My dear wife asked me, while sitting at the breakfast table, what restaurants we had visited recently for breakfast. Thus began an interesting conversation about value which I thought I might share with you.
How do you decide where you want to spend your money? And if you are going to spend some — how much are you willing to spend with firm “A” over firm “B”?
As we chatted I realized that we sort of have a routine for dealing with “new” (to us) restaurants. Whatever the reason we walk in the door the first time, we tend to respond to the first meal based on either of two conditions: if the staff are welcoming and the food is good, or the staff couldn’t care less that you were willing to visit and/or the food was passable or worse.
If the food was just so-so, or the staff were troubled to be bothered by customers I won’t walk back in the door. Period. Don’t tell me that everyone has a bad day and they deserve to be given a second chance. If that were true then on their bad days I would expect a reduced rate for their services or lack thereof, or perhaps because the food tasted horribly. There are more than enough restaurants that have people standing in line waiting to be served that poor service doesn’t deserve a reward.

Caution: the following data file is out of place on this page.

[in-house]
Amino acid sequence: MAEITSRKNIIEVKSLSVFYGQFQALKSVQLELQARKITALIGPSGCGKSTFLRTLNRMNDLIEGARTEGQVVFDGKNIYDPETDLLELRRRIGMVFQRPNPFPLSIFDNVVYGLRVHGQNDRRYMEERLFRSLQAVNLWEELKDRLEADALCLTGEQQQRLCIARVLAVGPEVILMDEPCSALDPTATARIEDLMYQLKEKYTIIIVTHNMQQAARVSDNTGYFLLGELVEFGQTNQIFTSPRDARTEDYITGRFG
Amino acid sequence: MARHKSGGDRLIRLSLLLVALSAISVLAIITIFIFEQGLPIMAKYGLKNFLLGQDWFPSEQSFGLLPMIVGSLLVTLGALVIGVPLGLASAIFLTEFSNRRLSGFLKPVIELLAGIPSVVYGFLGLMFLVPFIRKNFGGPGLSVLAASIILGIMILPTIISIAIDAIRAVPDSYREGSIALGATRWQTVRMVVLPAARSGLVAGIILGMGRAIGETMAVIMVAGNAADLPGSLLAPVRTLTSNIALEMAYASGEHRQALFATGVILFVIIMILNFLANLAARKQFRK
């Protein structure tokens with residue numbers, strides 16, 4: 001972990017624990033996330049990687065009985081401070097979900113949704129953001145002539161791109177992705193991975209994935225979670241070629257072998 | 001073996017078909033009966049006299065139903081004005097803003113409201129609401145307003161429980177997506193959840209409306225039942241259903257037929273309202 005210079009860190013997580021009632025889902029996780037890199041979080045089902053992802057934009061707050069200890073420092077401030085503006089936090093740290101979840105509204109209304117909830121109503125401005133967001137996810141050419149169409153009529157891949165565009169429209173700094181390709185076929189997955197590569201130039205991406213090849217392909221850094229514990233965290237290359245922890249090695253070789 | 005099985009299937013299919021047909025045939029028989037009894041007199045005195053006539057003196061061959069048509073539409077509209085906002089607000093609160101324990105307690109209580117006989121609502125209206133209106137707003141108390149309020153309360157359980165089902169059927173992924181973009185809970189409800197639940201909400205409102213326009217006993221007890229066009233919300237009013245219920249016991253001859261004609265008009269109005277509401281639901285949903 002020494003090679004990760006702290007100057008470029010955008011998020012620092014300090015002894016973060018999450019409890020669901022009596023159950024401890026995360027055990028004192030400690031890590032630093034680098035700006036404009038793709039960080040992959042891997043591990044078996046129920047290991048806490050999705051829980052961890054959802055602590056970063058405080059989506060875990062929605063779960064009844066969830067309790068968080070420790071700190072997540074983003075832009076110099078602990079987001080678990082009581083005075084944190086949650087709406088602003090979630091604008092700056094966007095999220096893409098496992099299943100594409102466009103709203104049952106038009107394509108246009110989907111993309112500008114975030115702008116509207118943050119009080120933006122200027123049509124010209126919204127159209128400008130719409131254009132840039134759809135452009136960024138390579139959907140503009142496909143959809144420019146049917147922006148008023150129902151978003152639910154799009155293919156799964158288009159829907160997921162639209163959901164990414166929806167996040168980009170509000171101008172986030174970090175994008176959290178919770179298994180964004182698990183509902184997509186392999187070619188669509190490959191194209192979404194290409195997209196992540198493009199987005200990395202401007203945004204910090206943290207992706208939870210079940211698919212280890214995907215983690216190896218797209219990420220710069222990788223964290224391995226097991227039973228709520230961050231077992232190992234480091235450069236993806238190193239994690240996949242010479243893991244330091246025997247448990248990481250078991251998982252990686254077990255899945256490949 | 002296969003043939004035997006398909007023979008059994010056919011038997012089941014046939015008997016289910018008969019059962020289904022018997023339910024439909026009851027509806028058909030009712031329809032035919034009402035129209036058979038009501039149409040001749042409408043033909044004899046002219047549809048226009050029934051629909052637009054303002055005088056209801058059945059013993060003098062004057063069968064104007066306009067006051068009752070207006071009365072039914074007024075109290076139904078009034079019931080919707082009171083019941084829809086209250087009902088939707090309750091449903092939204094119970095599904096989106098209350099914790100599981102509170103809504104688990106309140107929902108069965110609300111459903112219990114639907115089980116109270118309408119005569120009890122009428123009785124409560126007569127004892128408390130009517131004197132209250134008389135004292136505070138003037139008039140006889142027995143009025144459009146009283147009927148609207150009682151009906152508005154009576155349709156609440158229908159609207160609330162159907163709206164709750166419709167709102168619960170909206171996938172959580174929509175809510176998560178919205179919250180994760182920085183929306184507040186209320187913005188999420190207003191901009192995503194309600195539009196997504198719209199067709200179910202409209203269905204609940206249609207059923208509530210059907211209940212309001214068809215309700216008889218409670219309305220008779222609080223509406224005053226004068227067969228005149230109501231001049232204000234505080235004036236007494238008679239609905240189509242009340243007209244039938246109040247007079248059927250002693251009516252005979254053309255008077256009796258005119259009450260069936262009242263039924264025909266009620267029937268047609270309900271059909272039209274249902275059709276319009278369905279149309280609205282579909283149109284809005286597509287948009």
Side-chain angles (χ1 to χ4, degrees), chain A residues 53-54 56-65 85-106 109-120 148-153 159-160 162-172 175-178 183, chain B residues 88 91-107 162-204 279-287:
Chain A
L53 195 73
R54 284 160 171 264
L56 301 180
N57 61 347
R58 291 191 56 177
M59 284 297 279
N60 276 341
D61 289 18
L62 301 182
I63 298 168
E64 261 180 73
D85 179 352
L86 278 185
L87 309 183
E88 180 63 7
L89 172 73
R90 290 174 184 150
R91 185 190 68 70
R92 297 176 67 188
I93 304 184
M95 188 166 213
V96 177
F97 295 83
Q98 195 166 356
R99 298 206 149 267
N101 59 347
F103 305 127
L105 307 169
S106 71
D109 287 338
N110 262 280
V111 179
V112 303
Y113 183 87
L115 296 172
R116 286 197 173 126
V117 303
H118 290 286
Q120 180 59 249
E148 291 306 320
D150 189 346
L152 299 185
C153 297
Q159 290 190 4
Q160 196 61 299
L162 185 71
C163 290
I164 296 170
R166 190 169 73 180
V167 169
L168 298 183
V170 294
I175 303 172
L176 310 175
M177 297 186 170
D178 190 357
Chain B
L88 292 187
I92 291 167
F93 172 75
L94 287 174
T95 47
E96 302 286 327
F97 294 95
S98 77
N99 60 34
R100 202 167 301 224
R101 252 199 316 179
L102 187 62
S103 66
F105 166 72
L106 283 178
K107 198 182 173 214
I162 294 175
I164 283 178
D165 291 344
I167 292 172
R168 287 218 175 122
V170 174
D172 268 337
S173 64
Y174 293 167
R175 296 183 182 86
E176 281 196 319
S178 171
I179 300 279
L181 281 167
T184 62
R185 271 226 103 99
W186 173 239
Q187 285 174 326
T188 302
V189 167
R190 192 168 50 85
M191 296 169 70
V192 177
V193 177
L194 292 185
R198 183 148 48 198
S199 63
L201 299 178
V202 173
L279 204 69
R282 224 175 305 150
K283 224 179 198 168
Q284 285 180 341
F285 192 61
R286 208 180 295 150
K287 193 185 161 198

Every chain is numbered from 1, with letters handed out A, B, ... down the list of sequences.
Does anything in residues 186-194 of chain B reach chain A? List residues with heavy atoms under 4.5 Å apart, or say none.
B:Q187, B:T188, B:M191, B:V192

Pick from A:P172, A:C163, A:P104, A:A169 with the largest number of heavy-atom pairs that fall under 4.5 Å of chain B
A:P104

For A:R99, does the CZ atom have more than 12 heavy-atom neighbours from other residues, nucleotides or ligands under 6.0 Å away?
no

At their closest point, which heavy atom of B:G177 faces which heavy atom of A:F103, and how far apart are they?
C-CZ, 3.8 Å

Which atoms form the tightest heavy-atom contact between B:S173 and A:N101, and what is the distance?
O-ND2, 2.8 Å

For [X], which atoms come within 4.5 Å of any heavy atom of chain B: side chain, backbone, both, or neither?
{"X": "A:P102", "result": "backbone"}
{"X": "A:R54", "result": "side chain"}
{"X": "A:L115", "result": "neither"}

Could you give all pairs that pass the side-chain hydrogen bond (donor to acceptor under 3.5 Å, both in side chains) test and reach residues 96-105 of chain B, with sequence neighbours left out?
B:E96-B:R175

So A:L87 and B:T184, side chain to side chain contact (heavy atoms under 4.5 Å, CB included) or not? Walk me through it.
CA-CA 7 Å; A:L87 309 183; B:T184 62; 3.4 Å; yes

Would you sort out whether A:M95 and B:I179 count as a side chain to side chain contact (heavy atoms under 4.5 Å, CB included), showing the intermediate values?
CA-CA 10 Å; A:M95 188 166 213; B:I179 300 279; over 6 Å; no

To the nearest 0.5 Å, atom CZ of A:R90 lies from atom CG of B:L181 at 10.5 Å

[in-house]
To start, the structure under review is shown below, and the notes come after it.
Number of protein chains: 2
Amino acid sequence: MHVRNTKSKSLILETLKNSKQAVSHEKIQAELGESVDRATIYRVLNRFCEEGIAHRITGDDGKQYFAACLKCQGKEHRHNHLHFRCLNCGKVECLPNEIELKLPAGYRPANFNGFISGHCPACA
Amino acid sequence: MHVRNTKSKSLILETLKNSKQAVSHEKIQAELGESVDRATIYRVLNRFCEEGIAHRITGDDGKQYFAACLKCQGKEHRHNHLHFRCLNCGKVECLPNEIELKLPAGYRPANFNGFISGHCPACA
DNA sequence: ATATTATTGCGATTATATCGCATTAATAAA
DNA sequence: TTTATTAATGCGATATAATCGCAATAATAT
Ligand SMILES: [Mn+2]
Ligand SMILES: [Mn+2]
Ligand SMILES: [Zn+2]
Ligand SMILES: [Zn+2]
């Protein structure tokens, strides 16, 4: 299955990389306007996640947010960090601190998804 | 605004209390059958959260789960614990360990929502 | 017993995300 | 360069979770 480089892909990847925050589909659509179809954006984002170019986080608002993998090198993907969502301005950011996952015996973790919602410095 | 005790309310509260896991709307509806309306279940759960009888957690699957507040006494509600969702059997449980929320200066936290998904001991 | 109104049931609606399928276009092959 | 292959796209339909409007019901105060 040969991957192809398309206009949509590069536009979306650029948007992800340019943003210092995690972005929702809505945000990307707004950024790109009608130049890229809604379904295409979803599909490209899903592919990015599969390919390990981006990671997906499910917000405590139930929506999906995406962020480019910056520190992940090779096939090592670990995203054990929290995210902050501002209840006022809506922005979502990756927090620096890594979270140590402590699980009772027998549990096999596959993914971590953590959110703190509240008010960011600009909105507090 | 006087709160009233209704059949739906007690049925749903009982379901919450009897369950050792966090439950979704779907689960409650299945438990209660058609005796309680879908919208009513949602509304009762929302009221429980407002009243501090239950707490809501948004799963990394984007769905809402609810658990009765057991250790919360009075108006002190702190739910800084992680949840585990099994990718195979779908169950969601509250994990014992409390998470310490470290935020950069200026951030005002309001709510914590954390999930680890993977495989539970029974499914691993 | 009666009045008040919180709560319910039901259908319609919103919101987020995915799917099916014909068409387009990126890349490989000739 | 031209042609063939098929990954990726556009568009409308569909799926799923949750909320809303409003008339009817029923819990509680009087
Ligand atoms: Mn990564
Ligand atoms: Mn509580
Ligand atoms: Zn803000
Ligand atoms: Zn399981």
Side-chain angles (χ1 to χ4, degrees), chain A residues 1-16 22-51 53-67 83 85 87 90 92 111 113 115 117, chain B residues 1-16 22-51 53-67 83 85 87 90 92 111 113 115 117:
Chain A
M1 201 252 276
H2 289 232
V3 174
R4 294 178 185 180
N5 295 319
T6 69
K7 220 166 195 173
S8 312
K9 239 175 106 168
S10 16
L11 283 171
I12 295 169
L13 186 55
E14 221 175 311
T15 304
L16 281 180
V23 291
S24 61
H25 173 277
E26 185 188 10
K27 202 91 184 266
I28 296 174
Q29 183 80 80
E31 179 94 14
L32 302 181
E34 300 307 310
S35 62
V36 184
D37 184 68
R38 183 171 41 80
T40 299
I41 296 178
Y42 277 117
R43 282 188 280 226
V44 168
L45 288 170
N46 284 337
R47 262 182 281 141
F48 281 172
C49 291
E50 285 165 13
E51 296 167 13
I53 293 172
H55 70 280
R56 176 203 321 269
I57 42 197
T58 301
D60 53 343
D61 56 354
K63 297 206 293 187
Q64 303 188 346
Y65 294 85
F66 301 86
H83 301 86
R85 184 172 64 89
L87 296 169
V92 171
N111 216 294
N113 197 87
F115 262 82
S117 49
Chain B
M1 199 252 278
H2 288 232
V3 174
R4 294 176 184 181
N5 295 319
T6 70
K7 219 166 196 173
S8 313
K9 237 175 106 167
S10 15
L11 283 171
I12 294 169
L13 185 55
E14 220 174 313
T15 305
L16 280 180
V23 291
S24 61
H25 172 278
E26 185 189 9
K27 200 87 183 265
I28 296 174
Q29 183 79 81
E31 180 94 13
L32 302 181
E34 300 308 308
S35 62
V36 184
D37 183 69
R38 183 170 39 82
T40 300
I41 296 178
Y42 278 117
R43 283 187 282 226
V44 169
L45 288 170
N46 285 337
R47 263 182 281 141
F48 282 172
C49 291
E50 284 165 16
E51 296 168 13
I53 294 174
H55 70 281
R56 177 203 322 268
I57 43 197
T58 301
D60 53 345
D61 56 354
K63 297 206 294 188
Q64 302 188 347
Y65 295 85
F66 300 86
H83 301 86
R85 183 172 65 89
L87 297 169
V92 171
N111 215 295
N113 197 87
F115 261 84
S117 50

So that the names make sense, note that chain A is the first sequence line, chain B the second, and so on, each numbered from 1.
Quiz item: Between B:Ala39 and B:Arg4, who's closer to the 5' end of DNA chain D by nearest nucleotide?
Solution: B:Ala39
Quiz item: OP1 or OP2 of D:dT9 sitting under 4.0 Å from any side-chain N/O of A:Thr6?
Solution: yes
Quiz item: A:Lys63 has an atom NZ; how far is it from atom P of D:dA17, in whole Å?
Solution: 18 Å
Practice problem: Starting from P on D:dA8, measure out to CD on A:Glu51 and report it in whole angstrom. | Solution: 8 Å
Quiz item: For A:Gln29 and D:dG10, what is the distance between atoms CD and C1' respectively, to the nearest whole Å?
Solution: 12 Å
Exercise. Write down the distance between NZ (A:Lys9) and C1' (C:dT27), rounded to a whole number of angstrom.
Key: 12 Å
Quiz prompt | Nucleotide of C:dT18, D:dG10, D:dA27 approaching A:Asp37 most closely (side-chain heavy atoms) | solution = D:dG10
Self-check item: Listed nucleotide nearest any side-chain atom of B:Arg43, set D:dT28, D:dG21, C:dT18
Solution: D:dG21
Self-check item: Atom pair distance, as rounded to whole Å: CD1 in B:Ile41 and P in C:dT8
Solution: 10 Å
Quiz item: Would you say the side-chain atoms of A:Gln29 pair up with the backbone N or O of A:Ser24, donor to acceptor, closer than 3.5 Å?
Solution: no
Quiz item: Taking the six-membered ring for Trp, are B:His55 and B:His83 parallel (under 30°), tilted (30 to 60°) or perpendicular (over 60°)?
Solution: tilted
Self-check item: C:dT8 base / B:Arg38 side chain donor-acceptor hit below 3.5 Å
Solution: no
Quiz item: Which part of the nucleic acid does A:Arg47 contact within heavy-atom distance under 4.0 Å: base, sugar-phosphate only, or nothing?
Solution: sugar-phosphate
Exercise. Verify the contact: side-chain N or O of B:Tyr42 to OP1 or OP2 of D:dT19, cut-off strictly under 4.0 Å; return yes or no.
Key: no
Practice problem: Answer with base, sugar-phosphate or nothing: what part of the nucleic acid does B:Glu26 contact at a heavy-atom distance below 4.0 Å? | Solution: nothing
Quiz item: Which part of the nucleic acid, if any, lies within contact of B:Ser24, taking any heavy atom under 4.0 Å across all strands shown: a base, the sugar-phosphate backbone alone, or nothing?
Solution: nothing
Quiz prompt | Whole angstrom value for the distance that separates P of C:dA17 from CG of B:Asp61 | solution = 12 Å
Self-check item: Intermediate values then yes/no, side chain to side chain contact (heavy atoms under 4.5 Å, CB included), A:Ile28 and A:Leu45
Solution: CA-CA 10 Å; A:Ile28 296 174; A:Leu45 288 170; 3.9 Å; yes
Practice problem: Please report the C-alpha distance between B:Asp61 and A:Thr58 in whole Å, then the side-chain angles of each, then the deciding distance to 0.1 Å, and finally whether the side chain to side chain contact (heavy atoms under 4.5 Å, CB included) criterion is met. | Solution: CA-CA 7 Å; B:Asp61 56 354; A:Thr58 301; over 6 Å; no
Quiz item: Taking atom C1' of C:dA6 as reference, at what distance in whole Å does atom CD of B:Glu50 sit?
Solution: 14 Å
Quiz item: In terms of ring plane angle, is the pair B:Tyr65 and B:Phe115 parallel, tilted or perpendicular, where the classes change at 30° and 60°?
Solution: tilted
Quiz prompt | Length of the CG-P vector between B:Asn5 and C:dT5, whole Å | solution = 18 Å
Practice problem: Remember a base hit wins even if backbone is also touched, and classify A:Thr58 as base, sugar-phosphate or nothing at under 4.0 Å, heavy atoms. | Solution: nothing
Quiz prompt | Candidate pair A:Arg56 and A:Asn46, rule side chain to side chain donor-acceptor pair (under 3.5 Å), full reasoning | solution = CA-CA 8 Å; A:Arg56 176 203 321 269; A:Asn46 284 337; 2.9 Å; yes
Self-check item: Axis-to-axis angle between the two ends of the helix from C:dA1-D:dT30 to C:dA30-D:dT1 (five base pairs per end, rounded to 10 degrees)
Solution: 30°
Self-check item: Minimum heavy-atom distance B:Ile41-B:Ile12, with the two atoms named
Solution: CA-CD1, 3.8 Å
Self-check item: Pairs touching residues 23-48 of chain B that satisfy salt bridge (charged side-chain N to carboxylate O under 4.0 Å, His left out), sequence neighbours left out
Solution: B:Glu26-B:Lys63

If the food is good or better, or if the staff are particularly commendable we will visit again several times in short order. Of course, in that we aren’t people who eat out a GREAT deal, “in short order” could be over several months. Still, one good meal deserves a couple more tries to discover whether the first one was a fluke or whether the value received is reliable. And that is the key to me: reliable value.
Similar tests apply to a lot of the things I purchase. A TV that gives up the ghost too soon after purchase means I probably won’t purchase that brand again — same with any appliance, washer, dryer, stove. As for clothing, I don’t buy a lot of clothing anymore, but over the years I shopped a lot of stores and in my work days I settled in on one store where I consistently purchased clothing that wore well and was priced in my range. Since then that chain of stores has disappeared from the marketplace — and fortunately I don’t have to worry about work clothes any more! Still, the test was reliable value.